Not only does Macbeth at first question the motives of the witches, he also eventually questions the moral implications of killing Duncan. In the excerpt: “He’s here in double trust: First, as I am his kinsman and his subject Strong both against the deed; then, as his host, Who should against his murderer shut the door, Not bear the knife myself. Besides, this Duncan Hath borne his faculties so meek, hath been So clear in his great office, that his virtues Will plead like angels, trumpet-tongued, against The deep damnation of his taking-off. (Shakespeare; I, vii, 12-16) We see Macbeth present an argument against killing his beloved king. We see that his ambition is present because he does seem to be ready to refute the title of King and in fact accepts the title of Thane of Cawdor. The expert: “- If Chance will have me King. Why/ Chance may crown me. (Shakespeare; I, iii, 141-142)” is an excellent example of Macbeth’s ambition. However his ambition is not overbearing, because he still considers the meaning of the supernatural soliciting instead of just accepting its seemingly optimistic prophesies.

His ambition does not become overbearing until it is fueled by Lady Macbeth’s own ambition. Macbeth’s ambition is in sharp contrast to Banquo. Banquo comes across as much more hesitant to accept the witches prophesy. This contrast was created for a specific reason – to highlight Macbeth’s tragic flaw. “One critical perspective views Banquo’s function as essentially symbolic: he is portrayed as a man who, like Macbeth, has the capacity for both God’s grace and sin; but unlike the protagonist, he puts little stock in the Weird Sisters, prophecies and does not succumb to their temptations.

Banquo’s reluctance to dwell on the witchs’ predictions therefore underscores, by contrast, the nature of Macbeth’s descent into evil. ” (Scott; 238) Banquo does not have the same overbearing ambition as Macbeth and therefor is able to reason with the situation. Banquo’s logic is most prevalently seen in the following quote: “That trusted home Might yet enkindle you unto the Crown Besides the Thane of Cawdor, But ’tis Strange: And oftentimes, to win us to our Harm. The Instruments of Darkness tell us Truths, Win us with honest Trifles, to betray’s In deepest Consequence Cousins, a Word, I pray you. ” (Shakespeare; I, iii, 118-124) Banquo speaks this quote immediately after Macbeth is told that he will be the new Thane of Cawdor. It is a stark warning that shows evidence of logical deduction and reasonable thinking on the part of Banquo. Had he been a far more ambitious man, he may have worried about his own prophecy – about the future glory of his children and their children. Not only was Macbeth overtaken by his ambition, Lady Macbeth was also overtaken. Unlike Macbeth, however, Lady Macbeth was overtaken by her ambition immediately.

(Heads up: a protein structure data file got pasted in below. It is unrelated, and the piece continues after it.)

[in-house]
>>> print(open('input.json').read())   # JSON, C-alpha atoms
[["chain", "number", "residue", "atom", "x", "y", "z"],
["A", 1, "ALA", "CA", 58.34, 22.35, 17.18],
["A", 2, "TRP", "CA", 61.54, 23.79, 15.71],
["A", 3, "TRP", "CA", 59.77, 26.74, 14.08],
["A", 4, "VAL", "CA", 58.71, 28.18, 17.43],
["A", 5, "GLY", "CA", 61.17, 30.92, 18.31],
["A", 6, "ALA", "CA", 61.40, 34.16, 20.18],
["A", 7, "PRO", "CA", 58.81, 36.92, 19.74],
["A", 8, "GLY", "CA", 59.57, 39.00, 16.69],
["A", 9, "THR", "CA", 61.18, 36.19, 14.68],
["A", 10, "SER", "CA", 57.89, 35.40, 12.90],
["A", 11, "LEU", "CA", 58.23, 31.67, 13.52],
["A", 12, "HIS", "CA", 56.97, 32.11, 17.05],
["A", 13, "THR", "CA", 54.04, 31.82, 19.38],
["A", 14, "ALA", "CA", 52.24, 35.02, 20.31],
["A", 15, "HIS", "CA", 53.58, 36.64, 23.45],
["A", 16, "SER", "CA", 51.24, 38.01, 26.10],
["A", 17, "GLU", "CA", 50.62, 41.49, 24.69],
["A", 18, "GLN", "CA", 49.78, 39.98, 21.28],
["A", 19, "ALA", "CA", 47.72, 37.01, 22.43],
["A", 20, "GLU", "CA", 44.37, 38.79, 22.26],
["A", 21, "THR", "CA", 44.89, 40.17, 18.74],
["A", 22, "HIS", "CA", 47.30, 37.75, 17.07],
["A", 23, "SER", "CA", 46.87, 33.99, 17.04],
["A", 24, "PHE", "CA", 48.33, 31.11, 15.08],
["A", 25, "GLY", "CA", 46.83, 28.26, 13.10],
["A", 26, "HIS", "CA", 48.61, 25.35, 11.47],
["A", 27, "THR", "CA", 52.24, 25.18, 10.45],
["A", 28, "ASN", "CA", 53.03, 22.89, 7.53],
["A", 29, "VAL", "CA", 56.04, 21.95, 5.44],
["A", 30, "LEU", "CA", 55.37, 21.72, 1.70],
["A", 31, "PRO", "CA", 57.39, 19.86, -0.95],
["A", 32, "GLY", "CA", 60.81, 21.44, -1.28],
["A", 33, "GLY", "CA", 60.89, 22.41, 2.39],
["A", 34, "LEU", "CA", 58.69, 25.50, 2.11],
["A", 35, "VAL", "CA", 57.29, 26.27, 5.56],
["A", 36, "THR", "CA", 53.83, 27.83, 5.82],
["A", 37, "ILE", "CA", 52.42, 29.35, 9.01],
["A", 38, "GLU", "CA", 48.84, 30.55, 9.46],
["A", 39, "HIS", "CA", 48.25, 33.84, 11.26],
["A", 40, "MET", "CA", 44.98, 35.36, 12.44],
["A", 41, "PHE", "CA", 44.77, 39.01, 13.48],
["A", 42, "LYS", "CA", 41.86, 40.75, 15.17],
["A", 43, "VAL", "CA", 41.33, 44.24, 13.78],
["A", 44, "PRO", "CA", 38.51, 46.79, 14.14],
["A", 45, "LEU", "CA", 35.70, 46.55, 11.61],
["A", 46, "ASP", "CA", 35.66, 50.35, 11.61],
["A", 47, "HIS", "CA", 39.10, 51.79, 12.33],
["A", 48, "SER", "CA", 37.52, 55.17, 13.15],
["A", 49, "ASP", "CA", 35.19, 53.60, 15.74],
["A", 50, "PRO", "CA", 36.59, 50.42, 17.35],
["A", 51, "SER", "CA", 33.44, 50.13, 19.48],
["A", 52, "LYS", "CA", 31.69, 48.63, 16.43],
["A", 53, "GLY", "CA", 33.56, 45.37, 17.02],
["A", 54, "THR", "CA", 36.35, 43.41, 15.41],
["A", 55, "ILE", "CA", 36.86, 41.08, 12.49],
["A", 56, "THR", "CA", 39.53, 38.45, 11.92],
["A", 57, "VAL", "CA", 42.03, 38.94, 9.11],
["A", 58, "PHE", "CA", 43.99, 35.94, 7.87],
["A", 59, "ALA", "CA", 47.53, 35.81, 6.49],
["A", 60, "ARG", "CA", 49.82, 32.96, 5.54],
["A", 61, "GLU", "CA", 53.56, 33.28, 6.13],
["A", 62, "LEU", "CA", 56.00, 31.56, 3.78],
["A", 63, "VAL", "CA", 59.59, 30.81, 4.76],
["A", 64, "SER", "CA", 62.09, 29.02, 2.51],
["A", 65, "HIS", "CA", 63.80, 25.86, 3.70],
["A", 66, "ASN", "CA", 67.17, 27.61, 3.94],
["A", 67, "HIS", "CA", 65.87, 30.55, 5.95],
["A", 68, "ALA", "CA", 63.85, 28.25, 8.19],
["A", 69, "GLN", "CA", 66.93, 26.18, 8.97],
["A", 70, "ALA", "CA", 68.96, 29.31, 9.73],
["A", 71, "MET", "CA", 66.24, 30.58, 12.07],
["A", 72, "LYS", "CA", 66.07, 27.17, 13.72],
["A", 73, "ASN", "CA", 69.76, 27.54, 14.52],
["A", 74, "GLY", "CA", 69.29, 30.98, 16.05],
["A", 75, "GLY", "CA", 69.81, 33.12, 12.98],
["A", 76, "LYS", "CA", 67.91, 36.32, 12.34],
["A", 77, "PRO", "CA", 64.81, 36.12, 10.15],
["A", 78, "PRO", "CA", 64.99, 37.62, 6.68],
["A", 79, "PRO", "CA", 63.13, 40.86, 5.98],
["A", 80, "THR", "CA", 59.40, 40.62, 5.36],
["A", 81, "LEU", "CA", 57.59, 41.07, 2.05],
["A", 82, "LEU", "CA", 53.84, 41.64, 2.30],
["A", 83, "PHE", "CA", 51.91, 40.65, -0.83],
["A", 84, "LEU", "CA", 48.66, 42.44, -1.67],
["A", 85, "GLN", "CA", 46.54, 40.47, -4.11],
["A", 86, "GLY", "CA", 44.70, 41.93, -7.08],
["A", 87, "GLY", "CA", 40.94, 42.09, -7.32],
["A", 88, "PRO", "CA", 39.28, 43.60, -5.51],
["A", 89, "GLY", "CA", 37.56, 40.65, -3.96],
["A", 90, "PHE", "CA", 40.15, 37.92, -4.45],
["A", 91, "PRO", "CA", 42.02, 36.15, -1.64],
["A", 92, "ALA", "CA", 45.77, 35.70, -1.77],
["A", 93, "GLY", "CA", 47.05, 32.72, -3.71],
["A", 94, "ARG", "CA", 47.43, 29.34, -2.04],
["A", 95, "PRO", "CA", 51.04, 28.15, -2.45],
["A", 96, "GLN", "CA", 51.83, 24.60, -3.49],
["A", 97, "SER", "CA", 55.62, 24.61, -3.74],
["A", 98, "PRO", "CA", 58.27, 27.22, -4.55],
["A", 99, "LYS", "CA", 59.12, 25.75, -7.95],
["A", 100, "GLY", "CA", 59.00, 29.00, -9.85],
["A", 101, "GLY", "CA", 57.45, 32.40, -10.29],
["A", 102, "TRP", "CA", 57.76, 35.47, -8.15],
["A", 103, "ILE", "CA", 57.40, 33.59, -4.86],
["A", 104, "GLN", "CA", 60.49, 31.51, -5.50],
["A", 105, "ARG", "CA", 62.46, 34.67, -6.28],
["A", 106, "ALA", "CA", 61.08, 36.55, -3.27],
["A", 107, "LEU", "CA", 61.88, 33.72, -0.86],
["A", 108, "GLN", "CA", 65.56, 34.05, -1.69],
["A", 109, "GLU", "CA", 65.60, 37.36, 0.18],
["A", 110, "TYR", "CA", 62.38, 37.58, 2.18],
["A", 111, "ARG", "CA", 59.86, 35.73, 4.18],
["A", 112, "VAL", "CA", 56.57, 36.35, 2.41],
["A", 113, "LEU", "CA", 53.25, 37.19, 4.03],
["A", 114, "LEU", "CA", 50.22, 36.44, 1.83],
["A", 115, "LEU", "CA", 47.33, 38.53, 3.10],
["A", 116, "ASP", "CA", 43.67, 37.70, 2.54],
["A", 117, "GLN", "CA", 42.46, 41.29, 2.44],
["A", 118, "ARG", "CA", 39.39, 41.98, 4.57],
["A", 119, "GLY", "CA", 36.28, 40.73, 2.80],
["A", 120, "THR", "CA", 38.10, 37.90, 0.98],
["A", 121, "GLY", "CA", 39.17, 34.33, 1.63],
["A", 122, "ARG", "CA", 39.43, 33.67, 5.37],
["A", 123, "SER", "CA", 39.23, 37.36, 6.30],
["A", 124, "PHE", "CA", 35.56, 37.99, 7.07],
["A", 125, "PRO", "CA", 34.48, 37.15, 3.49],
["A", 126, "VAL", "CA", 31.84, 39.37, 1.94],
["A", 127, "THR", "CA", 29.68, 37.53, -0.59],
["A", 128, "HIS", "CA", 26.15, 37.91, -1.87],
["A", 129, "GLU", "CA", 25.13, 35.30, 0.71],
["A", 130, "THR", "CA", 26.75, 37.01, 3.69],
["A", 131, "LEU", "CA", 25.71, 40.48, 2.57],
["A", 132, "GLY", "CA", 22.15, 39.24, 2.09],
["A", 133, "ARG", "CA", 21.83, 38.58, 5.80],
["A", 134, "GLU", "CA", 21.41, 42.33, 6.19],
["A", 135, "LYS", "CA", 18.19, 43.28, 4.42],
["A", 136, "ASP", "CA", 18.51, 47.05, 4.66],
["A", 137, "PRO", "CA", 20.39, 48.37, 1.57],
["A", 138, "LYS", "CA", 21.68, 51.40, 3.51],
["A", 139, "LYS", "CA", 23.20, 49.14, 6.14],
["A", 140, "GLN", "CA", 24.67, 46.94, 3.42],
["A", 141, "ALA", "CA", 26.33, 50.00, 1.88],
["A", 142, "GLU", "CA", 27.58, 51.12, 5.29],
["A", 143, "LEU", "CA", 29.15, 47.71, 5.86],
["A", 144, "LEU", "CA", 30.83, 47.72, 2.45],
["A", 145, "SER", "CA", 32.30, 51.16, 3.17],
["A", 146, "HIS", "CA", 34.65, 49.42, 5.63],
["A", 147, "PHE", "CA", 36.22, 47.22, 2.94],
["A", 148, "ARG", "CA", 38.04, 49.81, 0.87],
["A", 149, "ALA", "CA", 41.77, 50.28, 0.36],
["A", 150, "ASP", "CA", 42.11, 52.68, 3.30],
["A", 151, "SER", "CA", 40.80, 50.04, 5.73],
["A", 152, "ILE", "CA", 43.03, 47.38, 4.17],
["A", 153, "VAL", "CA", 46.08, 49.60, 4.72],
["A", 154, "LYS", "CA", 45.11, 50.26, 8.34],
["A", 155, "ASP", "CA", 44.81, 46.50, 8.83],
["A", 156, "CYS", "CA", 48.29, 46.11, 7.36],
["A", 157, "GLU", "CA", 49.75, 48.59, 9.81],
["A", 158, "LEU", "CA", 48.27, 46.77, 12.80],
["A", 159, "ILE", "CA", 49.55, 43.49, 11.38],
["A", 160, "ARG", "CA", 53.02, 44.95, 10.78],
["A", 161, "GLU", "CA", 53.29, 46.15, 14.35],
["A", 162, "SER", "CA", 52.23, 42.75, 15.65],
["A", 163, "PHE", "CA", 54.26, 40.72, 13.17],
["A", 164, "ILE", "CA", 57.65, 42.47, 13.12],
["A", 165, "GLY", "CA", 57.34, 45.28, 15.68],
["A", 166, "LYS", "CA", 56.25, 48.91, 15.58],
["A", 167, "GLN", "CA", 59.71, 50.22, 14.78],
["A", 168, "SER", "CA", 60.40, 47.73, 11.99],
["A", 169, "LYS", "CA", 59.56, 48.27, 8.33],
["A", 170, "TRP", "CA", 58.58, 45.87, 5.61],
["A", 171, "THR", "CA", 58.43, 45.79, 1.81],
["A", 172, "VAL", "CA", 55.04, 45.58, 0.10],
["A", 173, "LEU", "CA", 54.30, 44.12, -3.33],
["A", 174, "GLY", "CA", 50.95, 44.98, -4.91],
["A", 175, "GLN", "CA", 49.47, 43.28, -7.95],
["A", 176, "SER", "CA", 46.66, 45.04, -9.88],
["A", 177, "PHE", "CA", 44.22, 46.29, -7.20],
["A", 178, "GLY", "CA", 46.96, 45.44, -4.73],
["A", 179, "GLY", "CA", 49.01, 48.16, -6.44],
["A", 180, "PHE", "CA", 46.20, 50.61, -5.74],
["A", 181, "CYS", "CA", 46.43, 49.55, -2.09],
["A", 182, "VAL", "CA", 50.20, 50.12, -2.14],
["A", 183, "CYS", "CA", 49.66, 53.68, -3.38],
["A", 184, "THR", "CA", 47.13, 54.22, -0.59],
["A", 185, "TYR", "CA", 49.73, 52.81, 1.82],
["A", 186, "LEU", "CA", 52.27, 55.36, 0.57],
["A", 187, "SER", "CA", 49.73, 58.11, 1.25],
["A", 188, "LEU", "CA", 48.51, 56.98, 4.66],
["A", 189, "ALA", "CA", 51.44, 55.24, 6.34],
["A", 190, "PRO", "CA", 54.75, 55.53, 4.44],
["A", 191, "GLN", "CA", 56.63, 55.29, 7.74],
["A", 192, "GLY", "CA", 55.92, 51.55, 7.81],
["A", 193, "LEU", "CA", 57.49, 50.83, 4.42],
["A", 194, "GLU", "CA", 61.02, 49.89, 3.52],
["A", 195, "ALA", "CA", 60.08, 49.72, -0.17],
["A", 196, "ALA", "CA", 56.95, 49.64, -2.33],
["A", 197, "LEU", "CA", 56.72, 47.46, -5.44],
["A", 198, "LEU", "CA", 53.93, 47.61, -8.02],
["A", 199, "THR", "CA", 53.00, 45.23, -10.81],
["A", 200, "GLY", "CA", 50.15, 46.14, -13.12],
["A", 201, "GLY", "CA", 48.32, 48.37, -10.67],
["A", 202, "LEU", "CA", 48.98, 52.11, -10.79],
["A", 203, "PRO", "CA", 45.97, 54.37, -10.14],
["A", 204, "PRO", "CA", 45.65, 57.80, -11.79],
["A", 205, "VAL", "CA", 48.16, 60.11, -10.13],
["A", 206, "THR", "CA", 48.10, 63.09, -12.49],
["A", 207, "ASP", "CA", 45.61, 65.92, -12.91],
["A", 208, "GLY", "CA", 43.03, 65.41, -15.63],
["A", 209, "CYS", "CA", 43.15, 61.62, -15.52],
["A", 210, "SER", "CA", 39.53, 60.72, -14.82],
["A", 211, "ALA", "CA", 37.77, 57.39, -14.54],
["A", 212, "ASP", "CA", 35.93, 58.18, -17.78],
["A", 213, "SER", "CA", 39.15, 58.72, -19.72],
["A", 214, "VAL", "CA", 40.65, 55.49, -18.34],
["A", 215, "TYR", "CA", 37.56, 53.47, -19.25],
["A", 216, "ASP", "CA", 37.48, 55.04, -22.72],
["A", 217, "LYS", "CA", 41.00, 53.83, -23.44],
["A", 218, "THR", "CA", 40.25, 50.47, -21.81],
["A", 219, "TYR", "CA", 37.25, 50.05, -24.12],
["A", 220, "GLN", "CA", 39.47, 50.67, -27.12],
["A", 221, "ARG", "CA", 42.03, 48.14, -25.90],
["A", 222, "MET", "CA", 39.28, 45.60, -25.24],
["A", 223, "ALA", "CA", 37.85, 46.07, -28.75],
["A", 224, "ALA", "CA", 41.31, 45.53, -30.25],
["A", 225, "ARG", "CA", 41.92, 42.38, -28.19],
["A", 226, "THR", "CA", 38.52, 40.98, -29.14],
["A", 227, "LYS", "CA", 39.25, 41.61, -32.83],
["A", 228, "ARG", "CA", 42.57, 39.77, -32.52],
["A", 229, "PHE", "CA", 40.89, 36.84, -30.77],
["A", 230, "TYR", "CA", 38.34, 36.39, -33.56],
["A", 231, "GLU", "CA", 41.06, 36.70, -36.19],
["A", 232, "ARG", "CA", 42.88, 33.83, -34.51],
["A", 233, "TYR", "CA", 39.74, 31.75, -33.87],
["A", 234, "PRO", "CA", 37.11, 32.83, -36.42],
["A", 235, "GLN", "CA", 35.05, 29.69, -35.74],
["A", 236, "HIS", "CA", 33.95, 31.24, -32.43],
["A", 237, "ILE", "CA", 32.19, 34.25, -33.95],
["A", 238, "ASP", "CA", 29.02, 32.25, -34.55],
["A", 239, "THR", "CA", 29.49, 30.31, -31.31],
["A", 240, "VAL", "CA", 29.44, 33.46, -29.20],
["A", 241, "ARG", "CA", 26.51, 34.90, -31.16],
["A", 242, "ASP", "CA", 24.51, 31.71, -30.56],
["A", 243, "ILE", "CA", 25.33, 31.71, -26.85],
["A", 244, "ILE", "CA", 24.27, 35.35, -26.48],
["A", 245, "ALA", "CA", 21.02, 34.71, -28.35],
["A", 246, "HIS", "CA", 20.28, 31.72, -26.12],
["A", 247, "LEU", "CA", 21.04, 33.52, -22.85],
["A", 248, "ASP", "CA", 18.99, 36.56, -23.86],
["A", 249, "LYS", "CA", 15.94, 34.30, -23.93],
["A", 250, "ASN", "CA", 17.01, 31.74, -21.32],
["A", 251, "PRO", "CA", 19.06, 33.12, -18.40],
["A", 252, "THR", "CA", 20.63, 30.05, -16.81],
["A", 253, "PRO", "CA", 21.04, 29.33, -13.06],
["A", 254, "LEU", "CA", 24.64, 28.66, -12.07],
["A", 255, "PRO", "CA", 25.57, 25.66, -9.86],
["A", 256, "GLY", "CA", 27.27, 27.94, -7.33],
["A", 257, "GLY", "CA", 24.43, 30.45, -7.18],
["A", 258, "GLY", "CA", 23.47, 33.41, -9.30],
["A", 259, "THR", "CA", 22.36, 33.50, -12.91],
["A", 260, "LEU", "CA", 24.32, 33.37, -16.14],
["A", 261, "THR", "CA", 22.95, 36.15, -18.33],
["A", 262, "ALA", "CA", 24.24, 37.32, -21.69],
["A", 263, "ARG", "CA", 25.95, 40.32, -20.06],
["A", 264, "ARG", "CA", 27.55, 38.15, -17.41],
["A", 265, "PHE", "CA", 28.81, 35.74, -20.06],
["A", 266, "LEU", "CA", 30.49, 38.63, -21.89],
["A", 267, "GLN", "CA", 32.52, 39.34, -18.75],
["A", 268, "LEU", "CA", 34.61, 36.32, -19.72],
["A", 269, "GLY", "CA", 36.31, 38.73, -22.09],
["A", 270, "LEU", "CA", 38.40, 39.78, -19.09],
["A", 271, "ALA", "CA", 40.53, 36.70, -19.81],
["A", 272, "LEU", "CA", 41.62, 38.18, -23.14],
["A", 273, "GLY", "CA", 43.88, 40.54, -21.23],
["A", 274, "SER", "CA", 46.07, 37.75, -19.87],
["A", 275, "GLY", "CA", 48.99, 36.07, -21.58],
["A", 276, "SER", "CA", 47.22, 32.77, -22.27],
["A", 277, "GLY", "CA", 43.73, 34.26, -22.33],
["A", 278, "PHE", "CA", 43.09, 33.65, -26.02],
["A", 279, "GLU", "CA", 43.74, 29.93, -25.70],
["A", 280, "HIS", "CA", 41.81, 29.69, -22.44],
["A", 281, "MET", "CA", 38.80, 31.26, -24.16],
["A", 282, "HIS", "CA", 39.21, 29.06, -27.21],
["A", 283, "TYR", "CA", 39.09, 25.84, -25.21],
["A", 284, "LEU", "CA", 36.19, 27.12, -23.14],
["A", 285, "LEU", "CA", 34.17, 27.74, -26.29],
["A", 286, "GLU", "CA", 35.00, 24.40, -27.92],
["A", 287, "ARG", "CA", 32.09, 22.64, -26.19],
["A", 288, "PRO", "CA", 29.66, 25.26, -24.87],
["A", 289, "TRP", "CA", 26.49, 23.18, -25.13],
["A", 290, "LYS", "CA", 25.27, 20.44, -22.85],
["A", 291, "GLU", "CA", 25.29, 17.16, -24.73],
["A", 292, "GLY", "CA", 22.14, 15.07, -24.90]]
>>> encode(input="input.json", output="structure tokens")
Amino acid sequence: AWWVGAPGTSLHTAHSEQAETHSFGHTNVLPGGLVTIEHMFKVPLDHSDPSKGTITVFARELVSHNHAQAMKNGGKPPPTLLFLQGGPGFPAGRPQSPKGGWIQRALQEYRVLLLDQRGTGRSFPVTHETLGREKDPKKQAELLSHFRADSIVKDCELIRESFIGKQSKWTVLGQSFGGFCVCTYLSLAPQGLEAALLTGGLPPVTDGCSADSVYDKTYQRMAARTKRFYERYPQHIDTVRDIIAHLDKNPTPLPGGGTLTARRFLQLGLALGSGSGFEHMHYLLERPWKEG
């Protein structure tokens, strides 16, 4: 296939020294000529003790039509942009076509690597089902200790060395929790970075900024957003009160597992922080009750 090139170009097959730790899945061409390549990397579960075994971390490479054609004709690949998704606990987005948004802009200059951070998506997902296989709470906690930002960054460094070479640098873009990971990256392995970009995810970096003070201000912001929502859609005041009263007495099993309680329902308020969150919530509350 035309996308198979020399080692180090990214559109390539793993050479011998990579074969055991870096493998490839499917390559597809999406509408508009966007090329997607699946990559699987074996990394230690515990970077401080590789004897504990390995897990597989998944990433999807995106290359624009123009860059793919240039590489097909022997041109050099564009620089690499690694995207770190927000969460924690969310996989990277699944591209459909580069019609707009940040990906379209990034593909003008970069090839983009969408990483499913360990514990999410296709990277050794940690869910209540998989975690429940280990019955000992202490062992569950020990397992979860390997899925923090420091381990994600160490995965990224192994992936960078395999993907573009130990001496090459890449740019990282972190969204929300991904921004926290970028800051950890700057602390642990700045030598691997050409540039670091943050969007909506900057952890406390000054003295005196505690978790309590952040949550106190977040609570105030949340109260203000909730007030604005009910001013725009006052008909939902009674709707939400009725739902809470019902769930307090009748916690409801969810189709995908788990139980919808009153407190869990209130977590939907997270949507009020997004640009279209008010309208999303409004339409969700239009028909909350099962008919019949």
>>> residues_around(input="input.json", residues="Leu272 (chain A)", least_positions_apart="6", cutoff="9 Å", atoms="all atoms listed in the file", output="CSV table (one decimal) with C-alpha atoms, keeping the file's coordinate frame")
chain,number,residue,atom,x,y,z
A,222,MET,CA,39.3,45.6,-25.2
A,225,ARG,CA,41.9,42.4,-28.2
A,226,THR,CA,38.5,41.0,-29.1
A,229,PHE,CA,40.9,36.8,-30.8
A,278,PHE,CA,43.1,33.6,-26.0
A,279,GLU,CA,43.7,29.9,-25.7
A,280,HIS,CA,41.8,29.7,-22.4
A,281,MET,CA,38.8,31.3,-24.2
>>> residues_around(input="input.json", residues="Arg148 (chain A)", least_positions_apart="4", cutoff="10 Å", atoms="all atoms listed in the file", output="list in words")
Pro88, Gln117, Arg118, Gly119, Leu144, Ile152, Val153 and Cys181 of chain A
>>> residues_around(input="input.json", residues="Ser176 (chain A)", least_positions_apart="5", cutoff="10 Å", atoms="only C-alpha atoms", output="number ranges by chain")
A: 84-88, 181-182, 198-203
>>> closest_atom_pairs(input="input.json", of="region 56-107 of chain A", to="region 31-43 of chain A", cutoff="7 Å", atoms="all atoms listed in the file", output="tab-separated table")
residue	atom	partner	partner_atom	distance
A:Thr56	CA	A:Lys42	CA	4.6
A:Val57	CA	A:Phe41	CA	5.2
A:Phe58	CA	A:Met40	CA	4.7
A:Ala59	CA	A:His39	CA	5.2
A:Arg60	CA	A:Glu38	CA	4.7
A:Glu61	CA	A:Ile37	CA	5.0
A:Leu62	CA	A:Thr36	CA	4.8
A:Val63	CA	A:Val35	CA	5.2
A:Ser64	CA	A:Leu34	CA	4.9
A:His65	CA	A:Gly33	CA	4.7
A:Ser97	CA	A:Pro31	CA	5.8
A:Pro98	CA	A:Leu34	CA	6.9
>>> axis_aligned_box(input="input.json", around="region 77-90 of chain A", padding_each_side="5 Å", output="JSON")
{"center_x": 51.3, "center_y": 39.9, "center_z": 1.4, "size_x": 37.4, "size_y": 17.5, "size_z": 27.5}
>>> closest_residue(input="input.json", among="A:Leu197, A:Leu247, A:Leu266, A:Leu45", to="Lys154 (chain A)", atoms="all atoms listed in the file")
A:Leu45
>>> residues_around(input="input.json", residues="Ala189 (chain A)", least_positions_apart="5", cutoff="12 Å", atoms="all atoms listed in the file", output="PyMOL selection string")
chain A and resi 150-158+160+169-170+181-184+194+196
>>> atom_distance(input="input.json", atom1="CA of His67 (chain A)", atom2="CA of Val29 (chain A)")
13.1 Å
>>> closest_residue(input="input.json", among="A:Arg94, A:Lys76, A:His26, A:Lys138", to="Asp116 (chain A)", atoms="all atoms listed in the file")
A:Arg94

As she read the letter sent to her by Macbeth, which spoke of the new title and the witches prophecies she immediately decided that they must do whatever is necessary to become King and Queen. Again we see that ambition subverts reasoning. She does not even question the motives of these three evil sisters or the moral ramifications of killing Duncan like Macbeth does. Instead she almost immediately decides that Duncan has to be dealt with. This break down in reasoning was very damaging to both Macbeth and his wife. Here we see what an adverse affect it had on Lady Macbeth. As husband and wife grow apart in their own torments, Lady Macbeth discovers what it is to invite an ‘unsexing’ which amounts to demonic possession: the slight human compunction which prevents her murdering Duncan grows into a curse upon her unwomaned body, and she finds that ‘a little water’ will not clear her of this deed” (Blakemore; 1310) In conclusion, throughout the play Macbeth, by William Shakespeare, the reasoning of Macbeth and Lady Macbeth is completely subverted and undermined by their insatiable ambition.

Macbeth was at first reasonable enough to keep his ambition in check, however it eventually became to strong for even Macbeth and over powered him. To the contrary, Lady Macbeth was overcome by her ambition from the very beginning. Reasoning was abandoned after the decision to kill Duncan was made. At that point we see no serious questioning of the motives of the three witches when they told their cunning and misleading predictions. Macbeth even went as far as to ask for their advise a second time – this second time would of course lead to his downfall.

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The decision to kill Duncan also signified the last serious attempt at moral contemplation on the part of Macbeth. Throughout the novel we see that the Macbeth’s ambition completely subverted their reasoning abilities and eventually lead to their downfall. Bibliography 1. Blakemore Evans, G. (Editor). The Riverside Shakespeare. 1974. Houghton Miffin Company. Boston, Massatsus. 2. Scott, Mark W. (Editor). Shakespeare for Students. 1992. Gale Research Inc. Detroit, Michigan. 3. Shakespeare, William. Macbeth. 1990. Doubleday Book and Music Clubs, Inc. Great Britain

Author: Kimber Trivett

in Macbeth

Blind Ambition in Macbeth